The Lie of Online Learning, Training magazine, March 2000. "Let?s move learning out of the workday and into the employees? own "uncompensated" time. No one wants to tell you that the anytime of online learning is supposed to be after work and that the anyplace is at home." Learning in the Real World . Skeptics' views on why we should be cautious about putting computers into children's schools. "In the real world we can teach, explore and learn the patterns of connection which link different people, plants, animals and places. If education software even attempts to deal with these crucial concepts, the limits of the media may make the presentation inflexible, superficial, and inadequate." Much of this reasoning applies to computer-mediated training of adults as well. ERP Training Stinks , CIO (6/00). "The average ERP implementation takes 23 months, has a total cost of ownership of $15 million and rewards (so to speak) the business with an average negative net present value of $1.5 million. And the news gets worse." "But the consensus that's emerging is that the training that matters isn't techy, "this field shows this; this button does that" training. In fact, what we normally call training is increasingly being shown to be relatively worthless. What's called for, it seems, is an ability to figure out the underlying flow of information through the business itself. The traditional view of training may blind the unwary to its significance and to the tightly woven links that exist between training, change management and staff adequacy." "The first problem is that word: training . It conjures up images of dogs jumping through hoops. This is not helpful."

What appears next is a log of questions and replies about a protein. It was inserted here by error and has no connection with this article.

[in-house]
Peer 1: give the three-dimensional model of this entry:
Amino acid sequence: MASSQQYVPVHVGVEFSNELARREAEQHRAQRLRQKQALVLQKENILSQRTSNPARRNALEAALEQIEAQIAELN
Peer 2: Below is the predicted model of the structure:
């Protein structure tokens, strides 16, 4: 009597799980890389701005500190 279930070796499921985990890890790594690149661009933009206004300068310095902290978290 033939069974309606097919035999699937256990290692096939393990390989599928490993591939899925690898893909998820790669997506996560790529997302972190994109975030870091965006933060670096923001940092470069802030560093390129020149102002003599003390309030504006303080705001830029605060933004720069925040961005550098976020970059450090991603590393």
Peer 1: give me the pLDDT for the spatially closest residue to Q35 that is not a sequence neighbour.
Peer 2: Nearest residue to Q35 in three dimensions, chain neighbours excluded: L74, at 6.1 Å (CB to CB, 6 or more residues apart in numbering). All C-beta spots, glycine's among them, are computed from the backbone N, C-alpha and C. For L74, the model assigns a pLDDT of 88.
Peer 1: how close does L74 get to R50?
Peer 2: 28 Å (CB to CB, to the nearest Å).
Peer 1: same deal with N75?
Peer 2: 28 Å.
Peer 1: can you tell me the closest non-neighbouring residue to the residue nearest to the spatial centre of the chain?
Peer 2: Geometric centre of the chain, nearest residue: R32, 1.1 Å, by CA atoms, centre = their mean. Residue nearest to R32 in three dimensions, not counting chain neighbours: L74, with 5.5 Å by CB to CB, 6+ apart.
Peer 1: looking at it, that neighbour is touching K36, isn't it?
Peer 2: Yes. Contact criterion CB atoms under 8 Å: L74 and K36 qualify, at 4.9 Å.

Bringing EQ to the Workplace (research paper)
What Daniel Goleman calls emotional intelligence is the source of ROI, human happiness, responsible behavior -- well, what more could you want? It's taken a backseat to such mundane issues as IT training because its payoff is not immediate, engineers don't get it, and it's a tough nut to crack. This is a major opportunity.
Adoption and barriers to eLearning & Approaches to Implementation , both from David Simmonds at Forum Corporate
Change Management and eLearning by Tom Werner
Sales Knowledge Management by Carl Binder
Benchmarks for Success in Internet-Based Distance Education
A study of distance learning benchmarks at six colleges prepared by The Institute for Higher Education Policy for the NEA and Blackboard. April 2000.
While the methodology is a bit dodgy (literature review followed by ratings from administrators, faculty, and students), the study is provocative.
The benchmarks considered essential for quality Internet-based distance education are:
- Institutional Support -- a technology plan that addresses security, backup, system integrity; technical reliability; and central support for infrastructure
- Course development -- periodic updates, require students to engage in analysis, synthesis, and evaluation